• 0
  • 4
  • M([Kr]π4)−M([Kr] π4σ2δ2) ↔ M([Kr]π4σ2δ2)− M([Kr]π4) (1/8)
  • M([Kr] π4σ2δ2)−M([Kr] π4σ2δ2) (7/8)
  • 4
  • 0
PdM([Kr] π4σ2δ2)−M([Kr] π4σ2δ2)044044.520.116

Because the metal dimer is in a closed-shell singlet state, there is no spin polarization and each metallic core should be considered as a local closed-shell subsystem whose orbitals fulfill the C4v point group symmetry requirements. Let us exemplify the resonance arguments with the molybdenum dimmer: the Mo core population is close to 40 e with a covariance of 1.255 e and, as a consequence, an average of four out of the six electrons formally considered as valence according to the MO theory should now be incorporated into the core. Following the traditional greek characters usually used to described the quadruple metal–metal bonding MOs (σ2π4δ2), the following core configurations are compatible with the molecular symmetry: [Kr]π4, [Kr]σ2δ2, [Kr]π4δ2 and [Kr]σ2, [Kr] π4σ2 and [Kr]δ2. A resonance structure between the first two configurations: Mo([Kr]π4)−Mo([Kr]σ2δ2) ↔ Mo([Kr]σ2δ2)−Mo([Kr]π4), corresponds to an average core population of 40 e with a variance of zero. To recover the calculated covariance between the Mo atoms of 1.255 e, the resonant structures listed in Table 3 that involve the remaining configurations must be considered. The orbital ordering energies (EπEσ < Eδ) supports the higher weight assigned to the resonance structure with the low lying metal ‘d’ orbitals (π) incorporated into the core. In addition, the ‘d’ orbitals are the main contributors to the populations of the four V (Mo, Mo) basins (53% π, 27% σ and 7% δ). Similar arguments are used to propose the resonant structures for the Nb, Tc, Ru, Rh and Pd dimers.

The picture of the bond that emerges from the topological analysis is that of a strong resonance interaction due to the fluctuation of the metal ‘d’ electrons within the cores. In contrast, the MO picture treats the metal ‘4d’ orbitals as valence orbitals which combine under the dimer symmetry to produce the σ, π and δ canonical orbitals with their antibonding counterparts. This scheme yields bond orders ranging from zero to four which correlate well, except for the Rh dimer, with the M–M distances and with the B (M, M) core covariances.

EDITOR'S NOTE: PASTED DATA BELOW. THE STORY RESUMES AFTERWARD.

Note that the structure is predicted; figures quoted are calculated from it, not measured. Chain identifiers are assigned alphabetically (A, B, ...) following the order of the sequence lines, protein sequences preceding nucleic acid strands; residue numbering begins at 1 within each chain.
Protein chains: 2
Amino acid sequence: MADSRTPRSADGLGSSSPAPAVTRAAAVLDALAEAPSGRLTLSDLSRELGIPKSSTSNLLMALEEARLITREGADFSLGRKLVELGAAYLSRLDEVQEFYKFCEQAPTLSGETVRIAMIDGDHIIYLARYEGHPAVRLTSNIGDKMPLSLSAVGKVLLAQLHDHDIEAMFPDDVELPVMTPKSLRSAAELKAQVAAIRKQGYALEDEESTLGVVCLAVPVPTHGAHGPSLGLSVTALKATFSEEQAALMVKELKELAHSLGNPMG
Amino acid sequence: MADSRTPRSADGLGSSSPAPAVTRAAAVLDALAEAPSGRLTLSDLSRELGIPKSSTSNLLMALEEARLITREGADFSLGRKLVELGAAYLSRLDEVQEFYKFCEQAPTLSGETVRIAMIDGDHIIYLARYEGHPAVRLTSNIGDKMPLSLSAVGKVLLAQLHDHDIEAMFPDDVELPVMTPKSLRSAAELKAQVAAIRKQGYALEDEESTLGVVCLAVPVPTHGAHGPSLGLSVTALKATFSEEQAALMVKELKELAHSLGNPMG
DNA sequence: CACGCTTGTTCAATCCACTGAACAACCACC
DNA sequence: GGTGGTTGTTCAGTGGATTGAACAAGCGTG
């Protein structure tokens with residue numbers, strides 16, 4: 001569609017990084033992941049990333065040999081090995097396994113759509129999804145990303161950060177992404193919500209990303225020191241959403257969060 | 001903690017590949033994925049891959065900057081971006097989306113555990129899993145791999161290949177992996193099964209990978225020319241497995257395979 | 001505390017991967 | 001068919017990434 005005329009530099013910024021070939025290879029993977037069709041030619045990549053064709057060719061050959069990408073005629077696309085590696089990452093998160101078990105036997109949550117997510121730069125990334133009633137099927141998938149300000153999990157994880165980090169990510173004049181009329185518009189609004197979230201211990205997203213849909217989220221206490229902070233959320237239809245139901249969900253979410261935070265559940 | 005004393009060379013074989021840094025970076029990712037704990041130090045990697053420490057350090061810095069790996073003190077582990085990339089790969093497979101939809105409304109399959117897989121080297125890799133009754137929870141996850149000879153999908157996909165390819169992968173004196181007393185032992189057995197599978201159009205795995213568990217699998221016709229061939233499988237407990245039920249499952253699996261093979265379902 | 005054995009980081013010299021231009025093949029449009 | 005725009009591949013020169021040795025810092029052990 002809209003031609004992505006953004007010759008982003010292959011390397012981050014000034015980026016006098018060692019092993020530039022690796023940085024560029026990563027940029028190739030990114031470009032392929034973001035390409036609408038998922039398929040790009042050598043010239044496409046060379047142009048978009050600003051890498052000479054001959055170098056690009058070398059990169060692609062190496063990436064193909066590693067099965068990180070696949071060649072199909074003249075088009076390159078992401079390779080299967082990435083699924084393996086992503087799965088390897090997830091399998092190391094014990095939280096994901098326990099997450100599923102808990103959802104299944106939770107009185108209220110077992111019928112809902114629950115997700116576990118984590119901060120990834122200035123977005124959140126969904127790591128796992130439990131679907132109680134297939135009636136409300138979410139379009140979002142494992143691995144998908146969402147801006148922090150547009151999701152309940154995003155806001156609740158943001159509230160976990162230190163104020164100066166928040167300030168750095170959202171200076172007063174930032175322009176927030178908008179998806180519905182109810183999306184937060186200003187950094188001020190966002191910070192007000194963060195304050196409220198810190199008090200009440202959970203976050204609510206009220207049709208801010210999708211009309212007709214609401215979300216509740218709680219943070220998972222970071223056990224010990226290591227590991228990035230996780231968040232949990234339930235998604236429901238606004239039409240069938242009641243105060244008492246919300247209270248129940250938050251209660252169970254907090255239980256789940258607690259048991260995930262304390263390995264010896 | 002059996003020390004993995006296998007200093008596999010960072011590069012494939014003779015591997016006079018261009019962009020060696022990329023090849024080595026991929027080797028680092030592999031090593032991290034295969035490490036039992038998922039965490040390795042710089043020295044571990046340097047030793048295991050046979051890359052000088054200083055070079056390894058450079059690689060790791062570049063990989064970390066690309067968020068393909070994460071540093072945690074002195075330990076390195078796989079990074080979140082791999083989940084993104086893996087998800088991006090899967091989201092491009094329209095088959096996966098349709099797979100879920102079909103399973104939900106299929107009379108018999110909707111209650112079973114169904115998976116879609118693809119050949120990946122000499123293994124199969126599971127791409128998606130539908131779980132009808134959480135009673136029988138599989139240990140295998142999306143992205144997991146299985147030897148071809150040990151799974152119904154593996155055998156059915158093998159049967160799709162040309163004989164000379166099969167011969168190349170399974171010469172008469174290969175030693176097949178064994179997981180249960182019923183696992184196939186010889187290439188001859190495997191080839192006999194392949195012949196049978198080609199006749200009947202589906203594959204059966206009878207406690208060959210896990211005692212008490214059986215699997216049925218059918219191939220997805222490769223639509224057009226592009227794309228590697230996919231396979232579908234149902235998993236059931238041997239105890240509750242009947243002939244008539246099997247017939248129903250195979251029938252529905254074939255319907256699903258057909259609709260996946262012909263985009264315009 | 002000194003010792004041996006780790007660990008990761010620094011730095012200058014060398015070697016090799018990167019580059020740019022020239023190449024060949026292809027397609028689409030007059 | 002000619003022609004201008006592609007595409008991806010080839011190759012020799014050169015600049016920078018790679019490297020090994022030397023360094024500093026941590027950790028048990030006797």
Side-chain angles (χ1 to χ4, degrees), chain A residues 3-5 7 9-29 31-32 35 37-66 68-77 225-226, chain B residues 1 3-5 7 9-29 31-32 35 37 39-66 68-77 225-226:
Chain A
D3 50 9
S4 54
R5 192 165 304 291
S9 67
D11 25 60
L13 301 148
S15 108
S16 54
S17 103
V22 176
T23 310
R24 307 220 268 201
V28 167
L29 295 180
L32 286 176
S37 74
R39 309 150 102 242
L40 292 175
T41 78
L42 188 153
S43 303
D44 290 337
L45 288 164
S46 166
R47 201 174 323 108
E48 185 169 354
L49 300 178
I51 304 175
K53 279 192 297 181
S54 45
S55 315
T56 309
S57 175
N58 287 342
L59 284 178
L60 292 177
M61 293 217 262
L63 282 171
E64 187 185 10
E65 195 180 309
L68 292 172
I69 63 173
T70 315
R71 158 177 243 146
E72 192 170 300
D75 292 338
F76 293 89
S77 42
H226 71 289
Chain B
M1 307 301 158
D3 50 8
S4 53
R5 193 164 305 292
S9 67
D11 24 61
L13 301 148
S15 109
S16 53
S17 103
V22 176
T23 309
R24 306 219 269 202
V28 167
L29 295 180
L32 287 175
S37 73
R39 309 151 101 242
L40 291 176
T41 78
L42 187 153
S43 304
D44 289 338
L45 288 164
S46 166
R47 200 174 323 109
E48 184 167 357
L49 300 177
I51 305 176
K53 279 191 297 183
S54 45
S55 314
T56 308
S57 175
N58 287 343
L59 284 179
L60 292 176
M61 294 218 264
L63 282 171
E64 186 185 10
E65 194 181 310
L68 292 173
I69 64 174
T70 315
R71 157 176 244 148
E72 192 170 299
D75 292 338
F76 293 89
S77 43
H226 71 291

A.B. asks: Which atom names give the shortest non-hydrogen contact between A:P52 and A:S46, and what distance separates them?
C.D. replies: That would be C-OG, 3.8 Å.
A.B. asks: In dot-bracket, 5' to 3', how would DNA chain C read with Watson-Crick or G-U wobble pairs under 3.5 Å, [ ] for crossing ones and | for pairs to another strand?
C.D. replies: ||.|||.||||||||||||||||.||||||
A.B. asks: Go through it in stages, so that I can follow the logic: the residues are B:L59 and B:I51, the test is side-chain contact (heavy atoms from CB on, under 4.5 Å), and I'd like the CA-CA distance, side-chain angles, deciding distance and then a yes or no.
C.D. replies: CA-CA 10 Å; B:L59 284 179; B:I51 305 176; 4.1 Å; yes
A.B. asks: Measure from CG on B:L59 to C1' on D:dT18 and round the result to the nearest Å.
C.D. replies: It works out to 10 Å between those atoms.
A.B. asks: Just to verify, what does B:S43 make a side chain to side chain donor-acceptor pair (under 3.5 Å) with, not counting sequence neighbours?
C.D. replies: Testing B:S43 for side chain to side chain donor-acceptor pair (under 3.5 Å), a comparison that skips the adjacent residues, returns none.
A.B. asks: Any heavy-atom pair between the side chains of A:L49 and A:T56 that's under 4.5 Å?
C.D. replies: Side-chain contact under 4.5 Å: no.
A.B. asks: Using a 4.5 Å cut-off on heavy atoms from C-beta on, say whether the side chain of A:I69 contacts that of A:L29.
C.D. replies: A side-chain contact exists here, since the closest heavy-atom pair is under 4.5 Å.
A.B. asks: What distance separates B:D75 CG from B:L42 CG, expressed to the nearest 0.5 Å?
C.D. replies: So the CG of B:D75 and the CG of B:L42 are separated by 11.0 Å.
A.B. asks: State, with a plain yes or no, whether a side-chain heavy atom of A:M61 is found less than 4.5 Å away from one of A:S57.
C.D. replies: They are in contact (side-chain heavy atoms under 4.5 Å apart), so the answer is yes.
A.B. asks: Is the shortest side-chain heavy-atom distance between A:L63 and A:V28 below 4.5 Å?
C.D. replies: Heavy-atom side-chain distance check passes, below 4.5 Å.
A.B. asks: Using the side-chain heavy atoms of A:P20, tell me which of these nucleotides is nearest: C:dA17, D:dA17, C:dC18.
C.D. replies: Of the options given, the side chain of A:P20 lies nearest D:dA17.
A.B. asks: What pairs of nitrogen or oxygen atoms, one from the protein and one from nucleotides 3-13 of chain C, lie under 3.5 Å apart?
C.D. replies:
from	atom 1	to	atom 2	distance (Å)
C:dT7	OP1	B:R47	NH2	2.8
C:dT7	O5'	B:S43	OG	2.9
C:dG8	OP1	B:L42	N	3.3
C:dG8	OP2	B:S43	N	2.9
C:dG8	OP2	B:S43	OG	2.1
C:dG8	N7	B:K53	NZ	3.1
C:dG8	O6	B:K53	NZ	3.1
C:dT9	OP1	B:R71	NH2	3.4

4 Trinuclear complexes

Trinuclear transition metal clusters can be classified depending on the number of metal electrons available for the metal–metal bond formation in electronically-rich and electronically-poor complexes. Electronically-rich trimers are usually formed by metals to the right side of the d-block of the periodic table, in which the metal atoms in low oxidation states are combined with π-acceptor ligands, e.g., Fe3(CO)12. On the other hand, electronically-poor complexes are formed by metals in high oxidation states bonded to σ donor ligands, e.g. [Mo3S4(PH3)6Cl3]4+.

4.1 Electron-rich complexes with carbonyl ligands: Fe3(CO)12

The structure of the trinuclear Fe3(CO)12 complex was first characterized in 1969 by Wei and Dahl and later confirmed by Cotton and Troup [28,29]. Two isomers, represented in Fig. 2, have been structurally characterized, one with four terminal carbonyl groups per iron atoms and a D3h symmetry structure and the other hand with a C2v symmetry where two of the iron atoms are bridged by two carbonyl ligands. This latter C2v isomer is the most stable. The geometries of the two isomers have been optimized at the B3LYP level with the 6-311G(d) basis set yielding both structural parameters and relative stability (the C2v isomer is calculated to be more stable than the D3h one by 9.4 kcal mol–1) in fair agreement with the experimental results [30].

Fig. 2

Ball and stick representation of the D3h (left) and C2v (right) Fe3(CO)12 isomers.

Several theoretical studies dealing with the bonding pattern in these complexes have been published. Recently, Hunstock et al. [31] have shown that the HOMO and HOMO-1 orbitals in the most stable Fe3(CO)12 isomer are responsible of the two Fe–(μ-CO–Fe bonding interactions and that these orbitals have at the same time an Fe–Fe antibonding character.